The series returns this month, though not with just a single new novel, or with a re-launch of the previously printed four entries centered on crime novelist and screenwriter Lassiter, “the man who lives what he writes and writes what he lives.” Instead, European publisher Betimes Books will unveil the entire series of Lassiter novels, released in an aggressively accelerated combination of “old” and new titles. Within a matter of just a few months, the whole of the Lassiter saga will be available for the first time.
I’m fairly certain we’re headed into uncharted publishing territory here, strategically speaking. But then the Hector Lassiter series has always been a genre maverick.
In a kind of premonition of this unusual publishing schedule, the Lassiter series was written in rapid-fire fashion, one book after another, long before the original second novel in the series, Toros & Torsos, was even contracted for publication. I had written the books with an eye to an overarching storyline that would bind the series into a larger tale focused on Hector’s life journey and climaxing with the mystery of whatever became of Hector, the author and the man.
After all the first drafts were completed, I went back over them en masse, polishing and pulling the series together in meticulous detail. To be clear, while other authors carry a series forward one book at a time, I plotted and wove the Lassiter novels together to form that larger story, from the jump.
Several of the individual Lassiter installments sprawl across decades. So a novel here may at points intersect or overlap with a novel or even two over there. Most series treat life as a chain of compartmentalized episodes, each book standing more or less alone. Real life more closely resembles an oil spill, of course. Events and episodes bleed together. I aimed to come closer to that mixing of mile-markers in shaping the Lassiter series.
At conception, it seemed this strategy allowed readers to tackle the novels in any order they chose. In their original publication sequence, the “first” Lassiter novel, the Edgar Award-nominated Head Games, opened in 1957. Its sequel took flight in 1935. The third novel, Print the Legend, explored the death of Ernest Hemingway and was largely set in 1965. The fourth, One True Sentence, was a Lassiter/Hemingway origin story, of sorts, set in 1924 Paris.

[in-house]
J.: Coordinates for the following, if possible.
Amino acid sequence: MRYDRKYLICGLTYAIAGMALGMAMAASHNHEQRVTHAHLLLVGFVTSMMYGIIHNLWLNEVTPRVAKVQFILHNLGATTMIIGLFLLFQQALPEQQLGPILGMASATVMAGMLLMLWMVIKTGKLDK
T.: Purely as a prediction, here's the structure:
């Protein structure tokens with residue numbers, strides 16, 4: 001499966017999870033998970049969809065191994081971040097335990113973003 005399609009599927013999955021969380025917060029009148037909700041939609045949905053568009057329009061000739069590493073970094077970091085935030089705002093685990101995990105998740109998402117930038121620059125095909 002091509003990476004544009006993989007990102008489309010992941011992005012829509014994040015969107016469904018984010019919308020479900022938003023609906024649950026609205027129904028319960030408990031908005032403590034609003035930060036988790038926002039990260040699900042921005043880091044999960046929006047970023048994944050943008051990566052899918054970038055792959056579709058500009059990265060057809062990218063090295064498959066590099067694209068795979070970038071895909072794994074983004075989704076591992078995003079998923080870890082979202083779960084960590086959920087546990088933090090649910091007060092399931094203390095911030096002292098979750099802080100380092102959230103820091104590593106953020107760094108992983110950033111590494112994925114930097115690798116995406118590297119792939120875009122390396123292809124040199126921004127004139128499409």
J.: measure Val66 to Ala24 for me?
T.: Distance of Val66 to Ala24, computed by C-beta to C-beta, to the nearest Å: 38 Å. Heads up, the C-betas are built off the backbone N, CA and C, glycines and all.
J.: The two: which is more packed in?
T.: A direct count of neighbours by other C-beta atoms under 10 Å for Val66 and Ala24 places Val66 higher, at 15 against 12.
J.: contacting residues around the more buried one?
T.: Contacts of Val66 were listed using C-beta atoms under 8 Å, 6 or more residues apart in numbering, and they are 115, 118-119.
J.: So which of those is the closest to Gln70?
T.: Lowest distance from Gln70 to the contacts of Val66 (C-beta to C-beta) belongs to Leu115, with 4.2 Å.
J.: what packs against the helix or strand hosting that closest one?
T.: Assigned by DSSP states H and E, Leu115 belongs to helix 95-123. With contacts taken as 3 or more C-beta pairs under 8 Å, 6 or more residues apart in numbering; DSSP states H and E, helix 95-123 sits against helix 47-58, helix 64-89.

But as the series extended to four published novels, increasing numbers of new readers reached out, craving a recommended reading sequence. A striking number told me they wanted to read the novels in something approaching chronological order. I came to see readers’ attitudes toward Hector were dramatically affected by which Lassiter novel they read first.
When Betimes proposed publishing the entire series in a concentrated burst, and it was suggested we present the books in something like chronological order, I immediately embraced the notion.
Strictly speaking, the fact that some of the novels cover three or more decades makes truly chronological presentation of this series an impossibility. We’ll therefore be offering the novels in order of when each book opens.
In this new publishing sequence, One True Sentence--a story encompassing one week during February 1924--is now novel No. 1. OTS was released last week, followed by its never-before-published sequel, Forever’s Just Pretend, which is set across successive holidays in Key West, Florida, circa 1925.
Those two installments will appear simultaneously with a re-release of Toros & Torsos, which opens in 1935. A few weeks later, two more previously unpublished, World War II-era Lassiter novels will debut: The Great Pretender (1938) and Roll the Credits (1942). The remaining novels, a similar mix of old and new installments, will quickly follow.
I wrote an essay for The Rap Sheet about One True Sentence when the novel debuted in February 2011. That tale traces aspiring novelists Lassiter and Hemingway as they confront a cult of nihilist artists.